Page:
I-SIS miniseries "Fields of Influence"
Electromagnetic radiations are increasingly flooding our environment, as evidence of health risks is mounting, suggesting that organisms are sensitive to very weak electromagnetic fields.
This requires a new biology that understands organisms that has been systematically ignored and excluded from mainstream discourse, to our peril. This miniseries is in four parts:
Also see our next fields of influence series
Electromagnetic fields too weak to heat up the body had been linked to cancer and other illnesses since the 1960s. The current 'safety' limits are still inadequate to protect workers and the public from these effects. Dr. Mae-Wan Ho exposes the bad science at the centre of the controversy.
The current debate over the health hazards of mobile phones is a continuation of the debate over the health hazards of weak electromagnetic fields in the entire frequency spectrum that began in the 1950s.
The first experiment on the biological effects of electromagnetic fields dates from the end of the nineteenth century when Russian scientist Danilevsky observed effects of radio-frequency fields on a muscle preparation that included the nerve supplying the muscle. Investigations peaked simultaneously with the development of radar between 1930 and 1940, but ended abruptly with World War II .
Interest in the subject was rekindled by the discovery that animals and plants failed to thrive and even died in areas exposed to radio waves beyond a certain minimum power density; and also by complaints of workers at radar stations. Research resumed in the 1950s in the former Soviet Union and the United States, as well as in Poland, Italy, and later, Britain.
Public debate over the health hazards of electromagnetic fields began in the United States. In 1973, biologist Robert Becker was approached by the US Navy Commander Paul Tyler to serve on a panel of experts to evaluate some experiments that the Navy had funded. These were in connection with an antenna system the Navy was planning to build in northern Wisconsin that involved grids of buried wires that would extend over thousands of square miles of land. It was to be used for communication with submerged submarines.
Because of the large size of the antenna system, and fears that the non-ionising electromagnetic radiation (NIEMR) it would emit might have impacts on health and the environment, Congress had ordered the Navy to carry out the studies.
The New York Academy of Sciences had sponsored a conference on "Electrically Mediated Growth Mechanisms in Living Systems", and Becker had delivered a brilliant keynote paper that summarised his work up to then, which revealed how electrical fields and currents produced by the body are controlling growth and regeneration. By the 1960s, Becker had already proposed a theory that an electrical communication system exists within all living things, and also showed that externally applied fields could influence the processes of growth and regeneration.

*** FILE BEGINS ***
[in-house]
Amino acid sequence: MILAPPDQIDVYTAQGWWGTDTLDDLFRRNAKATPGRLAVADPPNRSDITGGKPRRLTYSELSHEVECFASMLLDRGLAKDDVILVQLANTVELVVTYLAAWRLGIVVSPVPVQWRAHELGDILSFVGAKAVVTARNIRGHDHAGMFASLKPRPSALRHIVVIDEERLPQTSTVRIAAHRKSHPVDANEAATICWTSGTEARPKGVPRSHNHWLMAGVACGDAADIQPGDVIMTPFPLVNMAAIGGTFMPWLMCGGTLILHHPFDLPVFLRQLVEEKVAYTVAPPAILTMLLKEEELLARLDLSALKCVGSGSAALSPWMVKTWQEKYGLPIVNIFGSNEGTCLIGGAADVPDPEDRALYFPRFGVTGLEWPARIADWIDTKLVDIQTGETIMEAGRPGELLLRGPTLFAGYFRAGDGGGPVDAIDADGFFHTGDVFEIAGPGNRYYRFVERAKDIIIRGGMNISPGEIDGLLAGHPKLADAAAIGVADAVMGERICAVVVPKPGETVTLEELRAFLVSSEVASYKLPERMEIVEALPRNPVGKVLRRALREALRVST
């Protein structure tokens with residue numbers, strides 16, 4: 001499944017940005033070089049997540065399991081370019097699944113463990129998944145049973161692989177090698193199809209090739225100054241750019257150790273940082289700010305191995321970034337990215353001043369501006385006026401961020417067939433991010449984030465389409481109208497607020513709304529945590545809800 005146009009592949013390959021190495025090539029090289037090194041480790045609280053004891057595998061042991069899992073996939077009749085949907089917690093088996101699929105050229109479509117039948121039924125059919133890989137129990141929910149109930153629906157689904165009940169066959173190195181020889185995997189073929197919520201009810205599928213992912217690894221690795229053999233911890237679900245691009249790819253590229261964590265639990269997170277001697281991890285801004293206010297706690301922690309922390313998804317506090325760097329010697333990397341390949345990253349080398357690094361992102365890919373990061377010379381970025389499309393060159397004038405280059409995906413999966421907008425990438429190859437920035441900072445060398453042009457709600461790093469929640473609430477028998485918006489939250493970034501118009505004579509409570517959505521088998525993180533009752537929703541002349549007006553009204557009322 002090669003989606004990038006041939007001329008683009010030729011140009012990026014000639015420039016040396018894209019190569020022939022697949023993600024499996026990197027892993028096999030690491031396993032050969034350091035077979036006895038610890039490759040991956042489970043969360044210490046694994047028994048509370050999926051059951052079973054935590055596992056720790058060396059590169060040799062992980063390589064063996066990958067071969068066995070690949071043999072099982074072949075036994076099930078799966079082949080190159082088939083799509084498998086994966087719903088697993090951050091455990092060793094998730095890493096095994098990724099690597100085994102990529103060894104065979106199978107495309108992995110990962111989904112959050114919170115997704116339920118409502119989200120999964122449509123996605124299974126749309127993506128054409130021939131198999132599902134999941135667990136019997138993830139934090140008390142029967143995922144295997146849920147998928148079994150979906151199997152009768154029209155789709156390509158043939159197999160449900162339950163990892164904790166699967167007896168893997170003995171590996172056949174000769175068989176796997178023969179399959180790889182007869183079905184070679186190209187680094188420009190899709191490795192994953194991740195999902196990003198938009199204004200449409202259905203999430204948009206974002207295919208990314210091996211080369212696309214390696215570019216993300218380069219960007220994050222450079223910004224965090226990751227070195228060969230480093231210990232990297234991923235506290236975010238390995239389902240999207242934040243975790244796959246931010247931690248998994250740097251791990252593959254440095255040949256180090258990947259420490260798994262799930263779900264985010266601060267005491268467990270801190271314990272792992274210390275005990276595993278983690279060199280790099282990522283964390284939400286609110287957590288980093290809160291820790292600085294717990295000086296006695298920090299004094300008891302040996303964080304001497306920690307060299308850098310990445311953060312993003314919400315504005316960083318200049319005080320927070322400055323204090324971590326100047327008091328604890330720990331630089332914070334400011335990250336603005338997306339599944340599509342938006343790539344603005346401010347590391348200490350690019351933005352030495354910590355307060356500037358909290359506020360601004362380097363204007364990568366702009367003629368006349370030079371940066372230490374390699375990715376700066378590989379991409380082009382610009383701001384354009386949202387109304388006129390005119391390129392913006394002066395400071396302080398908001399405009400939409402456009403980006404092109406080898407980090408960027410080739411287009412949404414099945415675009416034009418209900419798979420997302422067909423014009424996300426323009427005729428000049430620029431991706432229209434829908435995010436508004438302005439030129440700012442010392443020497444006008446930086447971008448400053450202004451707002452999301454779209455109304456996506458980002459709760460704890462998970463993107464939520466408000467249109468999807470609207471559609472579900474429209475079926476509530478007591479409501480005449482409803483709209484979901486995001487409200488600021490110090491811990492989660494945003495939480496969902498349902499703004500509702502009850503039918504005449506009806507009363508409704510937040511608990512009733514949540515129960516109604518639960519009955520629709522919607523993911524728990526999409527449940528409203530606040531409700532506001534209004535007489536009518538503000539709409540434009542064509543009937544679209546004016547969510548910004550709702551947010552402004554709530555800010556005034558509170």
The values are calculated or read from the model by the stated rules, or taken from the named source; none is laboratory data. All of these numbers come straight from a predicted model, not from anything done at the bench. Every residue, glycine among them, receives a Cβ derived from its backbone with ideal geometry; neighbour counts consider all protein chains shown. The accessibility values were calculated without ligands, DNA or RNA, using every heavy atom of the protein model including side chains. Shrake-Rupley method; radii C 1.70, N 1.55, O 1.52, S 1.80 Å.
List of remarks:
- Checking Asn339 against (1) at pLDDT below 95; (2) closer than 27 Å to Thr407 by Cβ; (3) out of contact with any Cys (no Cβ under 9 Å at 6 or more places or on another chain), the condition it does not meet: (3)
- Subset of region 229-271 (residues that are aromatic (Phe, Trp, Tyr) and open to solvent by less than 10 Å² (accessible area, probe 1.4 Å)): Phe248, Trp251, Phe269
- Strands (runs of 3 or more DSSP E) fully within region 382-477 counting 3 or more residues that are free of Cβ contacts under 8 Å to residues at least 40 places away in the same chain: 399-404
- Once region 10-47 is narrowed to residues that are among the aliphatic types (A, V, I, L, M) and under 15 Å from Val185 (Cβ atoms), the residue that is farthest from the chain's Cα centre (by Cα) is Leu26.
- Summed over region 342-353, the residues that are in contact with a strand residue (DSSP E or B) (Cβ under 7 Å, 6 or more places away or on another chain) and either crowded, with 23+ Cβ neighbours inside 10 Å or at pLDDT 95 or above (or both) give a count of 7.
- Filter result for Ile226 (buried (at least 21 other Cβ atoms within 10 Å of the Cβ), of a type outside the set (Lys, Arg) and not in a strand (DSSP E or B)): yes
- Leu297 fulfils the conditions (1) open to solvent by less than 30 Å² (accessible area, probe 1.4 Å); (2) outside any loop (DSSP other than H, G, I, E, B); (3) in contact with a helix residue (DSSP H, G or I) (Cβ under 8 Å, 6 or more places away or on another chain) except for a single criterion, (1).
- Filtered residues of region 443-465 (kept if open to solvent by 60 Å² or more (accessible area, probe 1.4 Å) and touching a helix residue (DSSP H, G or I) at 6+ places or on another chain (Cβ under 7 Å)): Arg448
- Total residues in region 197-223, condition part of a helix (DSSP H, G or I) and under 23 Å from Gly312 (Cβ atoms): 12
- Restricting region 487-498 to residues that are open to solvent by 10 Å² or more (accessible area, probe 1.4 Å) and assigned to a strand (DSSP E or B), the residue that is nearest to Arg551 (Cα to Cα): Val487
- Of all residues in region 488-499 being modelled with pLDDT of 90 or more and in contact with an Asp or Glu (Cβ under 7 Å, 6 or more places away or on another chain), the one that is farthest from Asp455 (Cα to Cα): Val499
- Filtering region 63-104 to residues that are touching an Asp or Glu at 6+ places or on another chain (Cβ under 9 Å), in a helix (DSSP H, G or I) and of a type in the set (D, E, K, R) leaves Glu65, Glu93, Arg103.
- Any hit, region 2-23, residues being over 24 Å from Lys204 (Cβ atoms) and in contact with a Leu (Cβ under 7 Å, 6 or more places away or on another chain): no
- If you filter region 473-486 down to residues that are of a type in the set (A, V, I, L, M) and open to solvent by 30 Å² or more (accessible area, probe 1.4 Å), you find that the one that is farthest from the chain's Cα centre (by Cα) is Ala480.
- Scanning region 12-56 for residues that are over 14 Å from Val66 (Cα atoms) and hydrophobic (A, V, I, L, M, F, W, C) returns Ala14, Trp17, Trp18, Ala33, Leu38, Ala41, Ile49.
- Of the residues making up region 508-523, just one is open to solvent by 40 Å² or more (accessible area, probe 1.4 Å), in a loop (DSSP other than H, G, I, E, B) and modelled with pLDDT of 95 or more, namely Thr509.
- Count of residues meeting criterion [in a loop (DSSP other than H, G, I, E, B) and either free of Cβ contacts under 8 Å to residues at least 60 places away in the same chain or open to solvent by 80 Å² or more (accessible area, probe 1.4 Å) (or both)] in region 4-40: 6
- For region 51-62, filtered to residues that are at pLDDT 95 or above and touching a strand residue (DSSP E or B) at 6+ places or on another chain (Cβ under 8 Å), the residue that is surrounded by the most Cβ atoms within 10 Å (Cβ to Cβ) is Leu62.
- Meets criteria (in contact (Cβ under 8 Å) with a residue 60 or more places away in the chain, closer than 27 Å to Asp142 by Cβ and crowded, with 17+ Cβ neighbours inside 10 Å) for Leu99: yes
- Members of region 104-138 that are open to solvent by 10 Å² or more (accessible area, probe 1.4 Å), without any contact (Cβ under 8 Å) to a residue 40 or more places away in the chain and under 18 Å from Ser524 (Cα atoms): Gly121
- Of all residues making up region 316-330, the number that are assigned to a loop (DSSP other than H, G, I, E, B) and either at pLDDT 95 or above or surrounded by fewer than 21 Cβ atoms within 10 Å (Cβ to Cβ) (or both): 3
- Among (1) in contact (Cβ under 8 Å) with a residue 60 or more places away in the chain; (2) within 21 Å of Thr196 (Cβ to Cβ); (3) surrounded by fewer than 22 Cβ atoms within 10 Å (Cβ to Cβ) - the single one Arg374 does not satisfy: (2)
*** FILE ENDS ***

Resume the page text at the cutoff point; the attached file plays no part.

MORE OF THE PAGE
But Becker was also worried about the undesirable, harmful effects that could come from exposures to external electromagnetic fields that were often orders of magnitude stronger than the fields within the living body. He had taken on a graduate student, Andrew Marino to conduct some studies on mice and rats.
Marino had indeed found that animals exposed to NIEMR suffered adverse effects, when Becker was asked to review the studies that the Navy had funded.
There were seven scientists on the panel reviewing more than 30 studies. Nearly two-thirds of the studies had found biological effects from exposure to NIEMR; and these were in a variety of species, including slime-mould, rats, birds and humans. The upshot was that all the panel members thought the proposed antenna was a potential hazard to human health, and they drew up a long list of recommendations and further studies.
In the middle of deliberations, someone pointed out that the Navy's proposed antenna produced NIEMR similar to that produced by high-voltage powerlines, and that in the largest lines carrying 765 000 volts, the strength of the NIEMR might be as much as a million times stronger. That threw the panel into disarray. The discussions became heated, but eventually, the scientists agreed they had to recommend some action: that the Navy should inform a special committee advisory to the President that many Americans might be "at risk" from NIEMR from power lines.
Marino, who told his story in a book published years later  had no idea that he and his supervisor were about to be drawn into one of the most acrimonious and lonely battle against the industrial-military complex, and prominent figures in the scientific establishment were to play the key role in victimising him and his supervisor. When it was all over, Becker would lose all grant support, and would have to close his laboratory in Syracuse, New York, after 20 years of pioneering research on the electromagnetic basis of living organisms.